Danish business schools: Savings on education will affect the Danish business community

While the Danish business community is calling for qualified and highly skilled graduates for growth and green transition, the government is in the process of weakening the education of future employees. This is the clear warning from Denmark’s two business schools, Copenhagen Business School (CBS) and Aarhus School of Business and Social Sciences (Aarhus BSS).

2019.11.22 | Michael Schrøder

Dean Thomas Pallesen, Aarhus BSS (left) and President Nikolaj Malchow-Møller, CBS. Photo: Lars Kruse/AU Foto and Bjarke MacCarthy

It can have serious consequences for the Danish business community and society at large if the government removes the so-called Rate 1 increase on the degree programmes within the humanities and social sciences in the upcoming Finance Act.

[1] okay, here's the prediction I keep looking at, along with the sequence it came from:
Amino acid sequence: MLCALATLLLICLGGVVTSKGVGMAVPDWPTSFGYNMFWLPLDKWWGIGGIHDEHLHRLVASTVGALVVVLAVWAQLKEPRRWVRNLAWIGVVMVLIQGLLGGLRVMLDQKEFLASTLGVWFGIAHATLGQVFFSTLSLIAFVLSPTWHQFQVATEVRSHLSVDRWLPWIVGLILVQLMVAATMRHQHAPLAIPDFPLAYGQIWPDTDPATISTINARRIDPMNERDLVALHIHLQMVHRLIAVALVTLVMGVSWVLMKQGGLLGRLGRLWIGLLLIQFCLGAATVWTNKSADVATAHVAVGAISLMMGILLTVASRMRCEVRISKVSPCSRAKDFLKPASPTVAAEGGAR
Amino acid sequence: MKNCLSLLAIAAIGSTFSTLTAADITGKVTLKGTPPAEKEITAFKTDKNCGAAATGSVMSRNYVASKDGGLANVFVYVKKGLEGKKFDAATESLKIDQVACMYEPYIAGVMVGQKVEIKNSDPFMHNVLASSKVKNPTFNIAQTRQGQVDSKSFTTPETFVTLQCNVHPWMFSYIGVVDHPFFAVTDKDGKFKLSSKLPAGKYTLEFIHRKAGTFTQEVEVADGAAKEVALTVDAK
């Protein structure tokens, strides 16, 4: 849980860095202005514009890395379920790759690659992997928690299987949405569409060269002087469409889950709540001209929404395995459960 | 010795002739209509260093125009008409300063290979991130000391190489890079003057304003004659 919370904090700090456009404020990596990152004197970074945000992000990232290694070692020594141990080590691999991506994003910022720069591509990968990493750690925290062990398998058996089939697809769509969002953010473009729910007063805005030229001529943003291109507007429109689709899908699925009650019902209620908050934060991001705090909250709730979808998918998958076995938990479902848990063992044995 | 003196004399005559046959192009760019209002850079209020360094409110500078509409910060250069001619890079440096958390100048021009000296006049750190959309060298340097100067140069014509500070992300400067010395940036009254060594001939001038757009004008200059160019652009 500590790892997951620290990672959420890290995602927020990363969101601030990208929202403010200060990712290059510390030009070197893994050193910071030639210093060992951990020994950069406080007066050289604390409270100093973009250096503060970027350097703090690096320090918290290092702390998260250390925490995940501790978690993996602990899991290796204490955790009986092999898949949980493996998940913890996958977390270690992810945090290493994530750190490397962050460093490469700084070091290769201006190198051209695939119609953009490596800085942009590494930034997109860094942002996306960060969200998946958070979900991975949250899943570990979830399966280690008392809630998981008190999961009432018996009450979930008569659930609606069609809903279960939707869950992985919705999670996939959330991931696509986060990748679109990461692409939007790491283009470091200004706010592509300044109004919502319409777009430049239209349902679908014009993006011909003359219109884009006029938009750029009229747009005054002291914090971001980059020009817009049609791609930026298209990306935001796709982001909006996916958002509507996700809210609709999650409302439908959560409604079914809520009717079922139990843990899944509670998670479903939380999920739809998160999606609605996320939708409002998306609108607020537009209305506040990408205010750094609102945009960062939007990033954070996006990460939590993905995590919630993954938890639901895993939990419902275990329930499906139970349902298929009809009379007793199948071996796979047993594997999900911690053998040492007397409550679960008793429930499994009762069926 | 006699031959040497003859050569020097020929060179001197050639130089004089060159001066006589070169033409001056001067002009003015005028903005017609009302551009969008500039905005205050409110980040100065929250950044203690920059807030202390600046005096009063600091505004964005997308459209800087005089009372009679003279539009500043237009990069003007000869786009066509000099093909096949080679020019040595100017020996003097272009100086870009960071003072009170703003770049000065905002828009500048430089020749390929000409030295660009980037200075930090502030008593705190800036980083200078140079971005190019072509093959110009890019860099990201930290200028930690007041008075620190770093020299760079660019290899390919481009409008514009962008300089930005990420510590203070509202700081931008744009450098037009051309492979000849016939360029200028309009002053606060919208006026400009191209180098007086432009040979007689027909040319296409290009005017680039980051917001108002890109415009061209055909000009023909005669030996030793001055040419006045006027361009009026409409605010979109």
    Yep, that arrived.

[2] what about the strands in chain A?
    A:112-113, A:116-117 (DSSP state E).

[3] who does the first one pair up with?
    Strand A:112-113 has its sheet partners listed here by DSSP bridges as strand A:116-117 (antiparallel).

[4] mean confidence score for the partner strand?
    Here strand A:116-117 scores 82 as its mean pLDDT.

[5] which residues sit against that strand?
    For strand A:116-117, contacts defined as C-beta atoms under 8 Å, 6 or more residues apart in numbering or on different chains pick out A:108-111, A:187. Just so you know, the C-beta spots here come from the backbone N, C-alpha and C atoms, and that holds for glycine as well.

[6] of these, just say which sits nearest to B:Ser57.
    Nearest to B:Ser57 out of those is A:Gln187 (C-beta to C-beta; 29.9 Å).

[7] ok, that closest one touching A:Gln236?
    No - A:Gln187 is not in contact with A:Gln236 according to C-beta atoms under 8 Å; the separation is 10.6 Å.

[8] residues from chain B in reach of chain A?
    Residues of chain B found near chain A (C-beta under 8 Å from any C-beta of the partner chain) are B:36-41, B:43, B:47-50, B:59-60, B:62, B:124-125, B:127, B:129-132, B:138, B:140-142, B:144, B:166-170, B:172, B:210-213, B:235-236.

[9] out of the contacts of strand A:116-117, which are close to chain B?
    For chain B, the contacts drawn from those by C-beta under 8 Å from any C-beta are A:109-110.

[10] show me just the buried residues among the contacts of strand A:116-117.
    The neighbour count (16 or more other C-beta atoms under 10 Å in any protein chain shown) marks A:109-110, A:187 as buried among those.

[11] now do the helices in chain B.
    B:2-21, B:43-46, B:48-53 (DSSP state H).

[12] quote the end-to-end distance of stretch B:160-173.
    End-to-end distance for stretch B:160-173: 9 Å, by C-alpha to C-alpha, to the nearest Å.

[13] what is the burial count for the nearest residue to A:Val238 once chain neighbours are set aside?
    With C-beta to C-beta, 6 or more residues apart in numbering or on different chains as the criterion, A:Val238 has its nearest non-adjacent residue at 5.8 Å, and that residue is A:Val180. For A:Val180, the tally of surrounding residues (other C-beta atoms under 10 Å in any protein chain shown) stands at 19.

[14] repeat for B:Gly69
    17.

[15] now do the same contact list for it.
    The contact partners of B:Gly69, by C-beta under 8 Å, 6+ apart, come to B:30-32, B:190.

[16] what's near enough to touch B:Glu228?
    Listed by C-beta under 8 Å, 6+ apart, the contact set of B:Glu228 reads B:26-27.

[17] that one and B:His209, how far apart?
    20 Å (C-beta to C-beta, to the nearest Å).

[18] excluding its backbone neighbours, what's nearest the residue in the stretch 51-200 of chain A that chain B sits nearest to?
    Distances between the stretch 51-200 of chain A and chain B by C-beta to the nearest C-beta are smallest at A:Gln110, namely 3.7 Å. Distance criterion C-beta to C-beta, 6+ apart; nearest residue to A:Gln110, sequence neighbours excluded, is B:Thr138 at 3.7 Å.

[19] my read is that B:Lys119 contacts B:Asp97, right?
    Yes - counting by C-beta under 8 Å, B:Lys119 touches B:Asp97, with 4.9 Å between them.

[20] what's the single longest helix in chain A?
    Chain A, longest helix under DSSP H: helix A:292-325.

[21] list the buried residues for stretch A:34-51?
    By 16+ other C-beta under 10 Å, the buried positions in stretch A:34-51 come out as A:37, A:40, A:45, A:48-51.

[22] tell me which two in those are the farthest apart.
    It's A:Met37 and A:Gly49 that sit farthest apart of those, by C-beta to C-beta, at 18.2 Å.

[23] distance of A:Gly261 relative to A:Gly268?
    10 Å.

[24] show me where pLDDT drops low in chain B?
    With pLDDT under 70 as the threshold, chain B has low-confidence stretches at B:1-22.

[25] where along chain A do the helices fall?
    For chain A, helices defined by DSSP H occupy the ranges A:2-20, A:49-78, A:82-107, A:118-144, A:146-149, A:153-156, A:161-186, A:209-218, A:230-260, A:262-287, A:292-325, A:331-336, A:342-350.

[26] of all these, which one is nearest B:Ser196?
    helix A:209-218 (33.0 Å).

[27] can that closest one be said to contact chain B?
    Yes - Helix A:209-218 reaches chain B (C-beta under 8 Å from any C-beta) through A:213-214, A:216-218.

It will cost the two business schools in Denmark, Copenhagen Business School and Aarhus BSS, around DKK 100 million every year which will affect the quality of our education programmes, says President Nikolaj Malchow-Møller, CBS, and Dean Thomas Pallesen, Aarhus BSS.

”Our students will be the ones to create the green transition and handle the digital transformation - as business leaders and skilled specialists. If they are to solve the huge tasks that we are facing in the years to come, it simply won’t do to weaken the quality of the degree programmes by offering students fewer classes and much less interaction with companies. It just doesn’t make sense,” says Nikolaj Malchow-Møller.

In 2009, a broad majority in the Danish Parliament agreed to increase the so-called taximeter rate for the degree programmes within humanities and social sciences in recognition of the fact that the area was significantly underfinanced. This imbalance has not changed in the intervening period, the two business schools point out.

“Combined, we educate 35,000 students, who are among the most sought-after graduates in the Danish business community. To put it mildly, it would be very unwise to start weakening the quality of their education,” says Dean Thomas Pallesen from Aarhus BSS, Aarhus University.

Aarhus BSS, News from management
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